Development of SQIF-Based Output Broad Band Amplifier
ABSTRACT High-performance single flux quantum (SFQ) pulse amplifier (driver) based on superconducting quantum interference filter (SQIF) or near regular array of SQUIDs has been developed, fabricated, and tested. The driver part coupling method and circuit optimizations are discussed. The first test results of the driver prototype are reported. The experimental results confirm performance advantages of this driver design approach.
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ABSTRACT: Planar arrays of magnetoinductively coupled rf SQUIDs belong to the emergent class of superconducting metamaterials that encompass the Josephson effect. SQUID metamaterials acquire their electromagnetic properties from the resonant characteristics of their constitutive elements, i.e., the individual rf SQUIDs, which consist of a superconducting ring interrupted by a Josephson junction. We investigate the response of a two-dimensional SQUID metamaterial to frequency variation of an applied alternating magnetic field in the presence of disorder, arising from critical current fluctuations of the Josephson elements; in effect, the resonance frequencies of individual SQUIDs are distributed randomly around a mean value. Bistability is observed in the total current-frequency curves both in ordered and disordered SQUID metamaterials; moreover, bistability is favoured by disorder through the improvement of synchronization between SQUID oscillators. Relatively weak disorder widens significantly the bistability region by helping the system to self-organize itself and leads to nearly homogeneous states that change smoothly with varying frequency. Moreover, the total current of the metamaterial is enhanced compared with that of uncoupled SQUIDs, through the synergetic action of coupling and synchronization. Multistability of nearly homogeneous states allows the metamaterial to exhibit different magnetic responses corresponding to different values of the magnetic permeability. At low power of the incident field, high-current states exhibit extreme diamagnetic properties corresponding to negative magnetic permeability in a narrow frequency region.Superconductor Science and Technology 04/2013; 26(8). DOI:10.1088/0953-2048/26/8/084006 · 2.80 Impact Factor
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ABSTRACT: We are developing a direct digital synthesizer (DDS) based on a novel digital-to-analog converter (DAC) technology capable of directly generating wideband signals at RF with large signal-to-noise ratio (SNR) and spur-free dynamic range (SFDR). The key parts of this oversampling interpolating DAC are a digital interpolation filter (DIF), a digital sigma-delta modulator, a phase rotator, and an output amplifier array. We have developed first and second order DIF circuits to perform digital interpolation - accurate up-conversion of baseband data to RF (125 MS/s to 2 GS/s) followed by digital filtering using a Hogenauer cascaded integrator comb filter. The digital sigma-delta modulator performs sigma-delta encoding of the interpolated data and comprises circuits similar to the DIF circuits. The phase rotator provides the phase information for the output amplifier array to create an analog waveform from a digital time-varying signal. The phase rotator provides the reference phases as four quadrature outputs. Depending on the digital input the rotator is capable of shifting phase by either one or two clock periods in any direction. The output driver is a differential digital amplifier based on SQUID arrays. It also can be assembled using voltage multipliers or superconducting quantum interference filters (SQIFs). Design and experimental results of these DDS components are presented and discussed.IEEE Transactions on Applied Superconductivity 07/2007; DOI:10.1109/TASC.2007.898055 · 1.32 Impact Factor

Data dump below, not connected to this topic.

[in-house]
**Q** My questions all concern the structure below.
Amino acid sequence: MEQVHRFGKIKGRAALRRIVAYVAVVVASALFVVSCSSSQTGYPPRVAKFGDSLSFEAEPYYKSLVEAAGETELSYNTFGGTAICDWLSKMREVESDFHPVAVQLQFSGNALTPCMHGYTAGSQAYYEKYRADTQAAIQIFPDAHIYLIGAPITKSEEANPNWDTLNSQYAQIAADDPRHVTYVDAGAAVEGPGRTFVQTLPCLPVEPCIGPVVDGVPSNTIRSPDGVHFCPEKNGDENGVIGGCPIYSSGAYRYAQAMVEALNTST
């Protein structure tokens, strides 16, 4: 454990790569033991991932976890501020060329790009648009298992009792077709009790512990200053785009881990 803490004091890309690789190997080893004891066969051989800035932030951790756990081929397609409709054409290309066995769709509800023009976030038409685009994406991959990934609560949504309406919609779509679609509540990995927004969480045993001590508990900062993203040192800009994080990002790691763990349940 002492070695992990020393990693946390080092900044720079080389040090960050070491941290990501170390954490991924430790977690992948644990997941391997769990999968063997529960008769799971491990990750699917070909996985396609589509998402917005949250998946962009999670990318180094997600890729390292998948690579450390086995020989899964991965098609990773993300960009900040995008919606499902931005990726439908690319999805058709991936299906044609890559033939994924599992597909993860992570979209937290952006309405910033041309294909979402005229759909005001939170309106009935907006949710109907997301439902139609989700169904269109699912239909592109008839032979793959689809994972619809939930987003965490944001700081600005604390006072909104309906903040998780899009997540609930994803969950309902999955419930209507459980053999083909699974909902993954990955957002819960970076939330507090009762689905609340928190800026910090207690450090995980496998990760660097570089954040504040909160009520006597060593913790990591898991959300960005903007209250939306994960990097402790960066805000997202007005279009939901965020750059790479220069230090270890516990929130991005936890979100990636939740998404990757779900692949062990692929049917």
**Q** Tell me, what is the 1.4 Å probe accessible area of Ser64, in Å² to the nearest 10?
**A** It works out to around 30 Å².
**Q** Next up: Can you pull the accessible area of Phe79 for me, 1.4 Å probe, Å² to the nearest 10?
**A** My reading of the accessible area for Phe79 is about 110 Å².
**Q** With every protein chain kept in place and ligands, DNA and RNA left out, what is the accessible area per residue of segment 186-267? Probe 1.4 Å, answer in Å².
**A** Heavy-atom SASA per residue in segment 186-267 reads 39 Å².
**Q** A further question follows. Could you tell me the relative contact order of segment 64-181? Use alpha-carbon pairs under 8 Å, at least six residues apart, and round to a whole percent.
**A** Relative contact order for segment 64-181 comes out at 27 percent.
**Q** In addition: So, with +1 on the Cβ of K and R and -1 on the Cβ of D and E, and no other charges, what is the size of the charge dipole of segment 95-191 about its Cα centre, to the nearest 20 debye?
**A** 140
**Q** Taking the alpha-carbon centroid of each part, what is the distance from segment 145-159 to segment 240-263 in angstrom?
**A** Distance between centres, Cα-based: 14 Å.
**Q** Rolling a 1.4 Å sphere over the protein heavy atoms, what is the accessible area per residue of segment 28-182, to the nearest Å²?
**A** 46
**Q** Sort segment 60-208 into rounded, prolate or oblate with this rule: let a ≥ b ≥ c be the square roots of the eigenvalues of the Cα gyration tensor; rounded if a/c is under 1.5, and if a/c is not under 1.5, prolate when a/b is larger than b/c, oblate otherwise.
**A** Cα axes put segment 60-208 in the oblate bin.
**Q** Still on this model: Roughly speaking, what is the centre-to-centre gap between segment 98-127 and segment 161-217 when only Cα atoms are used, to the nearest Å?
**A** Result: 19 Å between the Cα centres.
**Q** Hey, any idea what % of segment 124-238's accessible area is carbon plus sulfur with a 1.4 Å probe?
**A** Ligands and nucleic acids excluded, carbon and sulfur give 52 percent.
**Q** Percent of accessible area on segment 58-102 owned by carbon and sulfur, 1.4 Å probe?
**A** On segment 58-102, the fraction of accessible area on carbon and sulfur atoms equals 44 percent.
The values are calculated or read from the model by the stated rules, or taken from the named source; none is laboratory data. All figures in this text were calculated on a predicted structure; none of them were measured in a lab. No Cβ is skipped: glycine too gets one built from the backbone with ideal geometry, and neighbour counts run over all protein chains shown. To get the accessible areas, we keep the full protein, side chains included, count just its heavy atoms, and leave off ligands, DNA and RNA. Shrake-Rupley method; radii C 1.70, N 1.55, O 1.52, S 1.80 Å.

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ABSTRACT: We have fabricated a series array of 280 superconducting quantum interference devices (SQUIDs) using YBa2Cu3O7−δ thin film ion damage Josephson junctions. The SQUID loop areas were tapered exponentially so that the response of the current-biased array to magnetic field is a single voltage spike at zero field. We fitted the current-voltage characteristics of the array to a model in which we summed the voltages across the SQUIDs assuming a resistively shunted junction model with a normal distribution of SQUID critical currents. At 75 K the standard deviation of these critical currents was 12%.Applied Physics Letters 11/2008; 93(18):182502-182502-3. DOI:10.1063/1.3013579 · 3.52 Impact Factor